Ludwig VIII (Hesse-Darmstadt)

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Landgrave Ludwig VIII.
"Jagdtagebuch" Ludwig VIII., Page from November 10th 1756 (drawing by Georg Adam Eger, text by Oberförster Rautenbusch)

Ludwig VIII of Hesse-Darmstadt (born April 5, 1691 in Darmstadt ; † October 17, 1768 there ) was Landgrave of Hesse-Darmstadt from 1739 to 1768 .



Ludwig VIII was the eldest son of Landgrave Ernst Ludwig von Hessen-Darmstadt (1667–1739) from his marriage to Dorothea Charlotte (1661–1705), daughter of Margrave Albrecht von Brandenburg-Ansbach .

Ludwig married Charlotte (1700–1726), daughter and heiress of Count Johann Reinhard III , on April 5, 1717 in Philippsruhe Palace . von Hanau , who was the only surviving child to bring a rich dowry into the marriage. In 1736 his son, Ludwig IX. the county of Hanau-Lichtenberg , which significantly expanded the territory. In the dispute with Hessen-Kassel about the Babenhausen office from the Hanau inheritance, Hessen-Kassel was able to secure most of the office after a long legal battle before the Reich Chamber of Commerce.

As the grandfather of Friederike Caroline Luise von Hessen-Darmstadt and Friederike Luise von Hessen-Darmstadt , Ludwig VIII is the great-grandfather of King Friedrich Wilhelm III through two tribal lines .


He sided with the emperor in the Seven Years' War and achieved the military rank of field marshal . As a result, Gießen and Upper Hesse in particular became the scene of armed conflicts. In 1764 a meeting between Ludwig and Emperor Joseph II took place in a forest near Heusenstamm , which the Landgrave counted as one of the highlights of his life.

Ludwig was responsible for the Darmstadt street lighting, for which the first ordinance was issued in 1767, but also for ordinances against drinking coffee , whereby it was already a punishable offense to be found with coffee utensils.

In addition, Louis VIII was also considered a great friend of the arts. He is considered a sponsor of the painters Johann Christian Fiedler , Johann Conrad Seekatz and Christian Ludwig von Löwenstern . Ludwig occasionally went to the Darmstadt Opera, where Christoph Graupner and Ernst Christian Hesse worked. Ludwig also composed himself. He finally died in the Darmstadt Opera during a performance in his box.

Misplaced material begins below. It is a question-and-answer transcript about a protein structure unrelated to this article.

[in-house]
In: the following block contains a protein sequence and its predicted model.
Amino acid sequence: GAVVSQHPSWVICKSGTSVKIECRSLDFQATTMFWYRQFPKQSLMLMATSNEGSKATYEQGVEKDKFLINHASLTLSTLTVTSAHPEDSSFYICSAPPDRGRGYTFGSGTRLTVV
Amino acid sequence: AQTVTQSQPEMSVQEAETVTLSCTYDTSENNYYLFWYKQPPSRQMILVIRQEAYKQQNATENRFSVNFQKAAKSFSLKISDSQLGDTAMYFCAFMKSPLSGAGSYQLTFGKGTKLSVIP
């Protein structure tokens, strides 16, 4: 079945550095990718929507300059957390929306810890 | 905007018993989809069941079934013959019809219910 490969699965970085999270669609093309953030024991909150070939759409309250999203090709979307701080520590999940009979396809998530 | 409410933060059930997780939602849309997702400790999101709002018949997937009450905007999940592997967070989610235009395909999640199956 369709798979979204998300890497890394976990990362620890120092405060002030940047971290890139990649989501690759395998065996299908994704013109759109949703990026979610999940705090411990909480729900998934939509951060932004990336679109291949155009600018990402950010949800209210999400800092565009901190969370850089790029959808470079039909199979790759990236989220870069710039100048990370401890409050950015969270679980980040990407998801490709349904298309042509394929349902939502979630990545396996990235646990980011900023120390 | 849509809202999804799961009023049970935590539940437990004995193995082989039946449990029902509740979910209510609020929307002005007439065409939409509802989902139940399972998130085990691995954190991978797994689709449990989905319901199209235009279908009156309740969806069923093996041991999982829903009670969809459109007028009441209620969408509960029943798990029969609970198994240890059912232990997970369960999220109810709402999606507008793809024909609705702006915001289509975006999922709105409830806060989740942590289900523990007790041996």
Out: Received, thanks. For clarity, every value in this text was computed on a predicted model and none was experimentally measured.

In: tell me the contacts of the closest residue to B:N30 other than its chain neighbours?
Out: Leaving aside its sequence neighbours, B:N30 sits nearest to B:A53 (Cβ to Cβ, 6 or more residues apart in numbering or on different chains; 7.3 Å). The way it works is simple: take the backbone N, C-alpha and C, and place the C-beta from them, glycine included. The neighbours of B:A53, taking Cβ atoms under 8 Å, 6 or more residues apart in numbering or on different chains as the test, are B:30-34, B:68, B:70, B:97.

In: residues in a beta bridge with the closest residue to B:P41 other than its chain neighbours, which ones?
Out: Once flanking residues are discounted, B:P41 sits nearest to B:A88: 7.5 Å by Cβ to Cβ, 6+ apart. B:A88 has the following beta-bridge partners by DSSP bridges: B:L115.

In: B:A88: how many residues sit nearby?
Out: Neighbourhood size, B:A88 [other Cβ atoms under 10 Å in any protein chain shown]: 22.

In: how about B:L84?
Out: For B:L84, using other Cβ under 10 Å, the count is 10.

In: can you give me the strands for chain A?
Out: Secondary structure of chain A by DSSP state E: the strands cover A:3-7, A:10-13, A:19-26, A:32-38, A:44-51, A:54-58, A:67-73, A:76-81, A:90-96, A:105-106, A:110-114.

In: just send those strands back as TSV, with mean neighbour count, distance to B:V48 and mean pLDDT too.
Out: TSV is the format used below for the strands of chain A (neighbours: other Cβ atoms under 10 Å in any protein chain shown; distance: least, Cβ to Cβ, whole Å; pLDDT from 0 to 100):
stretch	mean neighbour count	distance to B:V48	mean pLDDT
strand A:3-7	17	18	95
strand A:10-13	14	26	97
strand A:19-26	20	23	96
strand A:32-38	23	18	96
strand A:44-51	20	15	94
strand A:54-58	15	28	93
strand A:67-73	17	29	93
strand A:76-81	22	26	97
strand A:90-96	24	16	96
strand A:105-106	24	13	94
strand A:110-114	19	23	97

His care for his country is documented by the construction of a spinning house in 1742 and a state orphanage in 1746. However, the debt burden increased dramatically under Ludwig, especially because of his lavish courtship and passion for hunting. The formation of an imperial rescheduling commission could only be avoided if the state estates approved financial means. Also the calling and the work of Friedrich Karl von Moser , who under Ludwig's son Ludwig IX. rose to First Minister, had a positive effect on the country's financial position.

Until 1766, Ludwig led the reign of the underage Friedrich V together with his mother Ulrike Luise zu Solms-Braunfels in Hesse-Homburg . Ludwig had been in dispute with Hessen-Homburg over the rule of Braubach since 1747 , which could not be settled until 1768.

The Jagdlandgraf

Like his father, Ludwig was a passionate parforce hunter . This preference not only made him known as a hunting landgrave , but also led to long absences from his residence. As a reward for his hunters, Ludwig minted so-called deer guilders and Saudukats . One of his chief forester felt compelled to publish a book containing “all the rare shots that SHD Ludwig VIII [...] took” . Ludwig carried out government affairs primarily at his Kranichstein hunting lodge . Like his father, the landgrave had numerous hunting buildings built, including the Dianenburg hunting lodge and the Griesheimer Haus. Ludwig built the Marstall on Paradeplatz in Darmstadt for the numerous horses that were needed for the par force hunt . The Landgrave used a carriage pulled by white deer for his trips.

The prince, who loves hunting, valued the wind rifles made by his court wind gun maker Friedrich Jacob Boßler the Elder (* 1717, † 1793). His person and work enjoyed an excellent reputation with Ludwig VIII and the entire landgrave's court . So Boßler made some rifles and pistols for the prince as well as in 1750 a wind rifle with a gold mirror monogram of the ruler of Hessen-Darmstadt . Today the public can view these weapons in the Kranichstein hunting lodge .


After his wife Charlotte, the Countess of Hanau, died in 1726, the Landgrave did not enter into another marriage, but had relationships with various ladies of the Darmstadt court . However, no descendants are known from these. Three mistresses have been handed down :

  • The singer Madame Richard met the landgrave in Paris in 1736 and followed him as mistress to Darmstadt in 1737, from where she soon went on to Kassel .
  1. Louis VIII around 1740
  2. Friederike Clotz around 1740